As the role of slavery in the nation’s founding is debated and the teaching of a full and accurate American history is questioned, it must be made clear that slavery was central to the nation’s beginnings and institutions. One way to examine that is by looking at the men who signed the Declaration of Independence on July 4th, 1776.
Among the men who signed the Declaration, at least forty of them enslaved people or took part in the slave trade. This is Part 7 in a series that begins here. It tells the stories of what happened to the men who pledged “our Lives, our Fortunes, and our Sacred Honor” Read the other entries here in my blog category.
“YES” following the entry means the Signer enslaved people; “No” means he did not.
A tavern owner’s son. Two of America’s wealthiest men –both named Morris. And the first to die. The next five signers in this series.
-Thomas McKean (Delaware) Son of a Pennsylvania farmer-tavern owner, McKean was a self educated, 42-year-old attorney turned politician at the time of the signing (although he did not sign in 1776).
in 1768 he was elected to the American Philosophical Society, a distinguished intellectual society founded by Benjamin Franklin. In 1769 McKean became a trustee of the Academy of Newark, the successor to Allison’s school at New London. He received honorary degrees from Princeton in 1781, Dartmouth in 1782 and Pennsylvania in 1785. Source: The Society of Descendants of the Signers of the Declaration.
A vigorous patriot, he held offices in both his native Pennsylvania and Delaware and was a key supporter of the Declaration. When another delegate from Delaware was absent and the state might vote against independence, McKean sent a horse and rider to collect fellow delegate Caesar Rodney and bring him back to vote — an 80-mile ride in a storm. There is some dispute about when he actually signed, but it was after January 1777.
McKean and his family were pursued by the British but never captured. A vocal advocate of the Constitution, he served in many state posts, including governor of Pennsylvania, and prospered after the war. He died in 1817 at age 83. YES
–Arthur Middleton (South Carolina) A 34-year-old plantation owner at the signing, he replaced his father –thought too conservative — in Congress. Educated in England, he became active in patriot politics. One of the few delegates to serve in the wartime militia, he was captured in Charleston in 1780, along with Thomas Heyward (Post #4) and Rutledge, two other South Carolina signers. Although his home had been destroyed he was released by the British and returned to Congress in 1781. After the war he returned to his plantation where he died at age 44 in 1787. YES
–Lewis Morris (New York) Another of the wealthy members of prominent New York families in the state’s delegation, Morris was a 50-year-old land owner with large holdings in what is now the Bronx in New York City. Although his home was assaulted by British troops during the war, it was attacked and severely damaged because of its value, not because he was a signer. Morris led troops of the militia during the vote in July, but then led the New York delegation in later signing the Declaration, making it unanimous. Morris rebuilt the family home and land holdings after the war and was a leader with Alexander Hamilton in ratification of the Constitution. He died in 1798, aged 71 and his former plantation is known today as the Morrisania section of the Bronx. YES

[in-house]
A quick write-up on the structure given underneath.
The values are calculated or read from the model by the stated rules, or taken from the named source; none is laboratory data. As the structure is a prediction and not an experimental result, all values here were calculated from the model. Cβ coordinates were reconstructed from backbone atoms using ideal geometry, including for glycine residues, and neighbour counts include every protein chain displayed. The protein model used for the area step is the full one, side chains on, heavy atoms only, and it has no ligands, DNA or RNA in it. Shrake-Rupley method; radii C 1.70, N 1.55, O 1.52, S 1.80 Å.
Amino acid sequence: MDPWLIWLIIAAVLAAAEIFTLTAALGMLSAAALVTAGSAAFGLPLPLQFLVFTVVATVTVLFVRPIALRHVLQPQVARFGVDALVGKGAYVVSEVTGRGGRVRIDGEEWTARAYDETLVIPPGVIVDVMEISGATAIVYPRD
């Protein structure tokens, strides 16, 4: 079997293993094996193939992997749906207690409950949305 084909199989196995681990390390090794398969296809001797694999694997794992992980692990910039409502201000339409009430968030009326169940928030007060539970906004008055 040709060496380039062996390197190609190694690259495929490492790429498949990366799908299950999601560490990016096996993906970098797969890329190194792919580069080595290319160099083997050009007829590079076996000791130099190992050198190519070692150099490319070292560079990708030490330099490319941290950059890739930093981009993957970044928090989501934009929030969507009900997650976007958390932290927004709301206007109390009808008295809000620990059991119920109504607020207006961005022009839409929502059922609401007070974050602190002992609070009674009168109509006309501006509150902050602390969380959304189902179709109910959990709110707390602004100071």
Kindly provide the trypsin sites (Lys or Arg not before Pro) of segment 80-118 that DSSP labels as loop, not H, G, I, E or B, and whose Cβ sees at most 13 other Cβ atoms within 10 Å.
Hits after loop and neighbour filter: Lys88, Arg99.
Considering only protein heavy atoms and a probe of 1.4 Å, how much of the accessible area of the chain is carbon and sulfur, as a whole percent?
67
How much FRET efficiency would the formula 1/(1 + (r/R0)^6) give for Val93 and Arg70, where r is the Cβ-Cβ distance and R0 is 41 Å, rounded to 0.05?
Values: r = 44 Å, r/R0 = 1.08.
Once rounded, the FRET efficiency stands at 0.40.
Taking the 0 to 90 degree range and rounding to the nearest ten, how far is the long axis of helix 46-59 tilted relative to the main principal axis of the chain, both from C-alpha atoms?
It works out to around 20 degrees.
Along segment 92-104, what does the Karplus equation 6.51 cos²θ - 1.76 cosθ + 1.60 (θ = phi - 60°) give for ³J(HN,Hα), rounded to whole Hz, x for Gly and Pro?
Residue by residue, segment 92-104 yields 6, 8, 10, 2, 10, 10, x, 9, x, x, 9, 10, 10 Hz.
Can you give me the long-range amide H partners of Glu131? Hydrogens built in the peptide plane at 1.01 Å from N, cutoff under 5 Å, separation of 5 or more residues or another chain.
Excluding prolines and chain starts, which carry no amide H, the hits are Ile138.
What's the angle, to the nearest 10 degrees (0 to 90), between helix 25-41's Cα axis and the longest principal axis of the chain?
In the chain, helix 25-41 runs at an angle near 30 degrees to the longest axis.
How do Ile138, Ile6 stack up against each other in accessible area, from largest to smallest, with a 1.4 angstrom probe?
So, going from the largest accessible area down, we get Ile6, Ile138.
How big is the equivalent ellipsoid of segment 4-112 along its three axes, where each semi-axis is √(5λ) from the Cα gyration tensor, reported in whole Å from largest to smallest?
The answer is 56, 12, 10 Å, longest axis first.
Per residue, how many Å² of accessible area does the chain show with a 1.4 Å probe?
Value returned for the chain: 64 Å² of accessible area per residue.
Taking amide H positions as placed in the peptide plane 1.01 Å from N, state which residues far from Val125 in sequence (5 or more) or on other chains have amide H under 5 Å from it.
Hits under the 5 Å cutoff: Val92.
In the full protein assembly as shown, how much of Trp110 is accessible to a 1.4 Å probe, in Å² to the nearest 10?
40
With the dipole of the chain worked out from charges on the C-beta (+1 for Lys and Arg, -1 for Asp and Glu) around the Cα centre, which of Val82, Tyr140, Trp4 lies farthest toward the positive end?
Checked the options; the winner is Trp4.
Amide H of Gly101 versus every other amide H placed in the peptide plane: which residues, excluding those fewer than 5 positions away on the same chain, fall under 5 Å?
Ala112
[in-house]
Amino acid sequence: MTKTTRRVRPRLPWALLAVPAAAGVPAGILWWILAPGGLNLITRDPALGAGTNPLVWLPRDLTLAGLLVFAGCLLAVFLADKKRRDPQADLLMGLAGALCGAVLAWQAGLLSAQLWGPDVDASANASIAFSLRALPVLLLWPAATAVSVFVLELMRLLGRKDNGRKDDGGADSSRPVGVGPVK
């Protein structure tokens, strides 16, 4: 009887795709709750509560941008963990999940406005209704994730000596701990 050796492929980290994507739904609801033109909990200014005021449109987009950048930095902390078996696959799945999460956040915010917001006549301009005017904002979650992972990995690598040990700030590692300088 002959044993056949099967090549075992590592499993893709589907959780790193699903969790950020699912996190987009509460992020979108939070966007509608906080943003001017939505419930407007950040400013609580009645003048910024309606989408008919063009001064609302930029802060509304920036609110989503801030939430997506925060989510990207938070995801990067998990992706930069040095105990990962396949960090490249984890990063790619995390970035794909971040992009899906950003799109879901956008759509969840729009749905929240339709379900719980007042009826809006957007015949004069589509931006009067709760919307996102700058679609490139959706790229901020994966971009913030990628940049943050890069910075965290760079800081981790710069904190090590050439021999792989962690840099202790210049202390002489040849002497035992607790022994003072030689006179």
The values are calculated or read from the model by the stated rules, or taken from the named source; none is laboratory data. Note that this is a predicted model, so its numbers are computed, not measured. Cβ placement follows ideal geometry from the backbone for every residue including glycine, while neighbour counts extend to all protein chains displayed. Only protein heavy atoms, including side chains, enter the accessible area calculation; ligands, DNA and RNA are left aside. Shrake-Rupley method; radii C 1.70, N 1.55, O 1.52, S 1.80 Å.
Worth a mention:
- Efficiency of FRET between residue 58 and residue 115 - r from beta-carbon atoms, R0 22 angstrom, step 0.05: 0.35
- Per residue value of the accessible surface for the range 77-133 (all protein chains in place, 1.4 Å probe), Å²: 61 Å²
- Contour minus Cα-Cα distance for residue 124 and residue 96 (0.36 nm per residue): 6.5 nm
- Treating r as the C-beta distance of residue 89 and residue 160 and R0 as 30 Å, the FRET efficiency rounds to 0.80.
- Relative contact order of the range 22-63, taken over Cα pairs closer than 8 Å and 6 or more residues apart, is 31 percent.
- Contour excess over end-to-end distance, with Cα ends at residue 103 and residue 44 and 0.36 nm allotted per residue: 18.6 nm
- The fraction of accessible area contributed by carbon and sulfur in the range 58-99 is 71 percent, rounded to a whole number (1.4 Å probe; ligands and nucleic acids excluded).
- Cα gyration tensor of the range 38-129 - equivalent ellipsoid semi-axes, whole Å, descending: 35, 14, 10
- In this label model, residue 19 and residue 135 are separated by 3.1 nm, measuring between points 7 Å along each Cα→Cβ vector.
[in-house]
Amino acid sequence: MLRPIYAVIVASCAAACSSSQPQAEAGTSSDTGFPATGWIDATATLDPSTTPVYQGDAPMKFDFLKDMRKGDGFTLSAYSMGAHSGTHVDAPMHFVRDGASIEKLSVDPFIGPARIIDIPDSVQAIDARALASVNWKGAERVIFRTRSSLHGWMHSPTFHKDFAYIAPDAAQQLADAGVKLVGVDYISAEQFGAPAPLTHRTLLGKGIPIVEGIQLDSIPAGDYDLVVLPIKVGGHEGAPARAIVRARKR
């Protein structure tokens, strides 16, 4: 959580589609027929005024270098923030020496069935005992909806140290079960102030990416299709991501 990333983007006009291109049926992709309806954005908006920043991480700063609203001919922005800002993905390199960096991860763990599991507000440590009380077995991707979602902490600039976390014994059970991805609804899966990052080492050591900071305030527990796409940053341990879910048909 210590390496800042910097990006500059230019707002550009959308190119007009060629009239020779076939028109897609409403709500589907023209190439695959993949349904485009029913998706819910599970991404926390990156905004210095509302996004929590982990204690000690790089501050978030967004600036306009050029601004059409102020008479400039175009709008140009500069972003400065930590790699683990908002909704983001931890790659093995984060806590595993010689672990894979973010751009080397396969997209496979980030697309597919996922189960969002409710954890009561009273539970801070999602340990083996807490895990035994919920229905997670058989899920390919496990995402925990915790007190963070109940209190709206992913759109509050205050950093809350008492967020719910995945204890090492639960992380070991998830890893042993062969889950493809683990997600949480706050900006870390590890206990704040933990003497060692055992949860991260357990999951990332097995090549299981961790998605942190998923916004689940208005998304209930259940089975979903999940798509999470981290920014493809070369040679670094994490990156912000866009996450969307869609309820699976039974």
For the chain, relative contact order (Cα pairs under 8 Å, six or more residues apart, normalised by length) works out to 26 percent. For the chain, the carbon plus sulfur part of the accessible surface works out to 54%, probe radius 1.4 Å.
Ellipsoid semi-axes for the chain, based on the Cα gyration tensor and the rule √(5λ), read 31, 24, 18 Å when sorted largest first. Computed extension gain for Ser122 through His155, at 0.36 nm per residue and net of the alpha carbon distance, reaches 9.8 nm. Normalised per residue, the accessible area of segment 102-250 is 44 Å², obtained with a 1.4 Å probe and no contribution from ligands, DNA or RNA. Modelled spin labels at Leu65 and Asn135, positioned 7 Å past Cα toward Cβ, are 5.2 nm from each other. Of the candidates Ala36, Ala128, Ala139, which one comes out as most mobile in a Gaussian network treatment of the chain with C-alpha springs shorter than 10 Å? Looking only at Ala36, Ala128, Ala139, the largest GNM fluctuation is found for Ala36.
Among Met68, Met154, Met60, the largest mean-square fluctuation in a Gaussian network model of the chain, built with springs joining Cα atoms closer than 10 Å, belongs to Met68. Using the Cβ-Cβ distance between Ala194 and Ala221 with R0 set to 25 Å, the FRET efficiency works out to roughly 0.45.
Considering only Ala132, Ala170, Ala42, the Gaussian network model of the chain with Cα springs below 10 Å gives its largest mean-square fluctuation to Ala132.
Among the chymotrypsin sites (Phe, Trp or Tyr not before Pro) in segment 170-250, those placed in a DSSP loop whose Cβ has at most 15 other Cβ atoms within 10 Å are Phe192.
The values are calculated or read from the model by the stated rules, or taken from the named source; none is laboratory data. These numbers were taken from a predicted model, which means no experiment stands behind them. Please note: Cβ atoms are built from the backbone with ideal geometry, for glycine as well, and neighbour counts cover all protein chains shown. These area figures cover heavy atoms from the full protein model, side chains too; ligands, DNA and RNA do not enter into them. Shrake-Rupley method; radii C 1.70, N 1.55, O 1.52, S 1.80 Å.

–Robert Morris (Pennsylvania) (No relation to Lewis Morris above.) One of the wealthiest individuals in America, he was a 42-year-old Philadelphia merchant and speculator when he signed. Born in Liverpool, he had come to America and made a fortune as a merchant, becoming the “Financier of the Revolution.” Accused of profiteering during the war, he was attacked in the Philadelphia home of fellow signer James Wilson. A delegate to the Constitutional Convention in 1787, he declined to serve as Washington’s secretary of Treasury, recommending Alexander Hamilton instead. He later became a Senator. But he lost his fortune through land speculation and was bankrupted and put in debtor’s prison. He died in poverty and relative obscurity in 1806, aged 72. YES
–John Morton (Pennsylvania) A farm boy turned surveyor, he was 52-years-old at the time of the signing. He has two key distinctions: his vote pushed Pennsylvania into the pro-independence camp and then he was first signer to die. He fell ill with tuberculosis in 1777 and died at about age 52, leaving his farm and enslaved people to his wife and children who had to flee from a British attack. YES
Read more about the place of slavery in the Founding of the United States in my book IN THE SHADOW OF LIBERTY.